The National Digital Stewardship Alliance Innovation Working Group awards action team is excited to announce the first set of projects, individuals, and organizations to receive NDSA Innovation Awards. Almost a year ago, the NDSA Innovation Working group announced the development of a series of awards to recognize innovative work in digital preservation. Several months ago we were thrilled to open up nominations for these awards. Today we are excited to publicly announce the winners of that project.
From nearly fifty compelling nominations the awards action team selected the following five winners. The winners illustrate the diversity of the digital preservation community, including students, educators, media professionals, state partners and representatives from both library and archives communities. Please join us in congratulating them for their hard work.
Future Steward: Mat Kelly, Graduate Student at Old Dominion University: Recognized for his work on WARCreate, a Google Chrome extension that allows users to create a Web ARChive (WARC) file from any browseable webpage.
Institution: State Library and State Archives of North Carolina: Recognized for their work educating state employees and information professionals on digital preservation through their website, online tutorials, and digpres411 Twitter account.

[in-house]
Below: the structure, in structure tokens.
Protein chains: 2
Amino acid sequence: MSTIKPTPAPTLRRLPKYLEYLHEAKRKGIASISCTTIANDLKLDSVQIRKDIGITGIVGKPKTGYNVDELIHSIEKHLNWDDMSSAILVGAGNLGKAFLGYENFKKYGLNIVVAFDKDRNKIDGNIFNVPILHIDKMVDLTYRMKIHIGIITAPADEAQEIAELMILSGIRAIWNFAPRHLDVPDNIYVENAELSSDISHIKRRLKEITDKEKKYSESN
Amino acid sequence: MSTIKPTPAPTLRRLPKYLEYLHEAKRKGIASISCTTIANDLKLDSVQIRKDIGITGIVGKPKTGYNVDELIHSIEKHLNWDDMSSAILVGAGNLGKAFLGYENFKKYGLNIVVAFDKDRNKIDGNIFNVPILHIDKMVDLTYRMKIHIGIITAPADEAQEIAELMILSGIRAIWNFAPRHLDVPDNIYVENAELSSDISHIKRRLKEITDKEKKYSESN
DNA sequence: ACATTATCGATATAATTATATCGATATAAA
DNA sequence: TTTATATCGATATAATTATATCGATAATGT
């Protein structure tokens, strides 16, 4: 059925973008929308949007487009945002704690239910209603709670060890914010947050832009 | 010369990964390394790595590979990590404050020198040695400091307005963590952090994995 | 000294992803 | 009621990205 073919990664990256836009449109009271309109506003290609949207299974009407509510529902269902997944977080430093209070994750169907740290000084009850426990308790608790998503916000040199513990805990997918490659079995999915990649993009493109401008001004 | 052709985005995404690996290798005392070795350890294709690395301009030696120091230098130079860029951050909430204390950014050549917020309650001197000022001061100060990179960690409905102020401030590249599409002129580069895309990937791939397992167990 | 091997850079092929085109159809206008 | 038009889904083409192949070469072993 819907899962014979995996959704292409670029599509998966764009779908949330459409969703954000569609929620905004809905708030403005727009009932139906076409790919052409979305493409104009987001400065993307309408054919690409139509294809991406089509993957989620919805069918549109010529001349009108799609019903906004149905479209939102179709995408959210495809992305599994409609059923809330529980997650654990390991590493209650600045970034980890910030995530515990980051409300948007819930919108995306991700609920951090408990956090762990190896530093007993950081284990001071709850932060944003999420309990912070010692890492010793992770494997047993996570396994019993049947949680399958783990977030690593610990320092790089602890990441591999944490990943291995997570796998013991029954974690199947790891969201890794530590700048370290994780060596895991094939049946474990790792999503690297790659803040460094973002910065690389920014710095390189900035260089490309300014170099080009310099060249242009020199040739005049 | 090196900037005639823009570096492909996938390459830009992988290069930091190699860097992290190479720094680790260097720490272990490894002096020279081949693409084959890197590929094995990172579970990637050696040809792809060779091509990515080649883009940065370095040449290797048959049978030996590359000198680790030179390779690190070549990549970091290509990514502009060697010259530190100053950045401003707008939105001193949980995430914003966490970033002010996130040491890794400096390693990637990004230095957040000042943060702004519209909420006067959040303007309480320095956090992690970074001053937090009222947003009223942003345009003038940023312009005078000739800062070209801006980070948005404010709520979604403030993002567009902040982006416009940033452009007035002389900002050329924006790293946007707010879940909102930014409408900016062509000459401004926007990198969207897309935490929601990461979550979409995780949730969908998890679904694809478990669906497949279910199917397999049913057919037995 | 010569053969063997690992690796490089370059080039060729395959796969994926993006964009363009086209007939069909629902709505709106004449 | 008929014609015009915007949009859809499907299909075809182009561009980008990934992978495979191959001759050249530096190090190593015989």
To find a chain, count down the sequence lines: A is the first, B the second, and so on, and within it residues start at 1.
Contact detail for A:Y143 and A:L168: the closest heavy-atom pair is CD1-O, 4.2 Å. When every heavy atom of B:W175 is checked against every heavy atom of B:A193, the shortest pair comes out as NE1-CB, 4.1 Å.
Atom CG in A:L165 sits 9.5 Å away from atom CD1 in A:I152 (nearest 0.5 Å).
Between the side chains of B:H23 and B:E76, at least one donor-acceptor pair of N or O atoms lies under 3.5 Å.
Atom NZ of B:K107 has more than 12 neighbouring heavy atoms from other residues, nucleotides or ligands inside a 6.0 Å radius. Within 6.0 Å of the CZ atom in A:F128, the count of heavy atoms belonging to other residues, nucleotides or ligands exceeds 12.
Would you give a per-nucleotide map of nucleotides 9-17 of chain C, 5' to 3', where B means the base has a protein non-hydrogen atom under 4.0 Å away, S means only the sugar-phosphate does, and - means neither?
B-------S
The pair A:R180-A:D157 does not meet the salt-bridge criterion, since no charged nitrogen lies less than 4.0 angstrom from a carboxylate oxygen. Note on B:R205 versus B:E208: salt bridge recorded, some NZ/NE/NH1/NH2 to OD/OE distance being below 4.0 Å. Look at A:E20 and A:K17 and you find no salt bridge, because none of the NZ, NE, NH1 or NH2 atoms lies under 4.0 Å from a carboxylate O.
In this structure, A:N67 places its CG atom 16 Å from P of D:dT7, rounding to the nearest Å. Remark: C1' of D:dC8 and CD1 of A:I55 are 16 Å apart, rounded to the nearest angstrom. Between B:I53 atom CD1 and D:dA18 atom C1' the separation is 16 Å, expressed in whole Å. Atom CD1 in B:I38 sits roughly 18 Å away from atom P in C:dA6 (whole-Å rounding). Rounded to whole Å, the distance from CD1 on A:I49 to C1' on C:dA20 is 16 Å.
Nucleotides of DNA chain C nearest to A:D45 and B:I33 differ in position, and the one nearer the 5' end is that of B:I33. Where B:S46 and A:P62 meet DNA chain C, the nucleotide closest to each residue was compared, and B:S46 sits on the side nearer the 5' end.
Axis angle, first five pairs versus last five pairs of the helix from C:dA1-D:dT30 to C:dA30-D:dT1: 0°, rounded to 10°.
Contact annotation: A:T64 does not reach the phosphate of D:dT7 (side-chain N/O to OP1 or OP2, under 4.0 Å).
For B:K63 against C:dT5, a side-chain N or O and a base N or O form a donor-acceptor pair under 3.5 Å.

Project: AIMS Project (An Inter-Institutional Model for Stewardship): Recognized for their work developing a framework for stewarding born-digital content and filling the gap between applying standards such as OAIS and the necessary workflows and tools for implementation. You can read their resulting white paper online.
Individual: Peter Krogh, Photographer: Recognized for his work on The DAM Book, the dpBestflow website and as a special advisor to the Shutha project, each of which have helped raise awareness and make information on digital preservation practices accessible to photographers.
Individual: Dr. Anthony Cocciolo, Assistant Professor at the Pratt Institute: Recognized for his innovative approaches to teaching digital preservation practices, in particular his work partnering classes with archival institutions to work on the digitization and digital preservation of analog audio collections.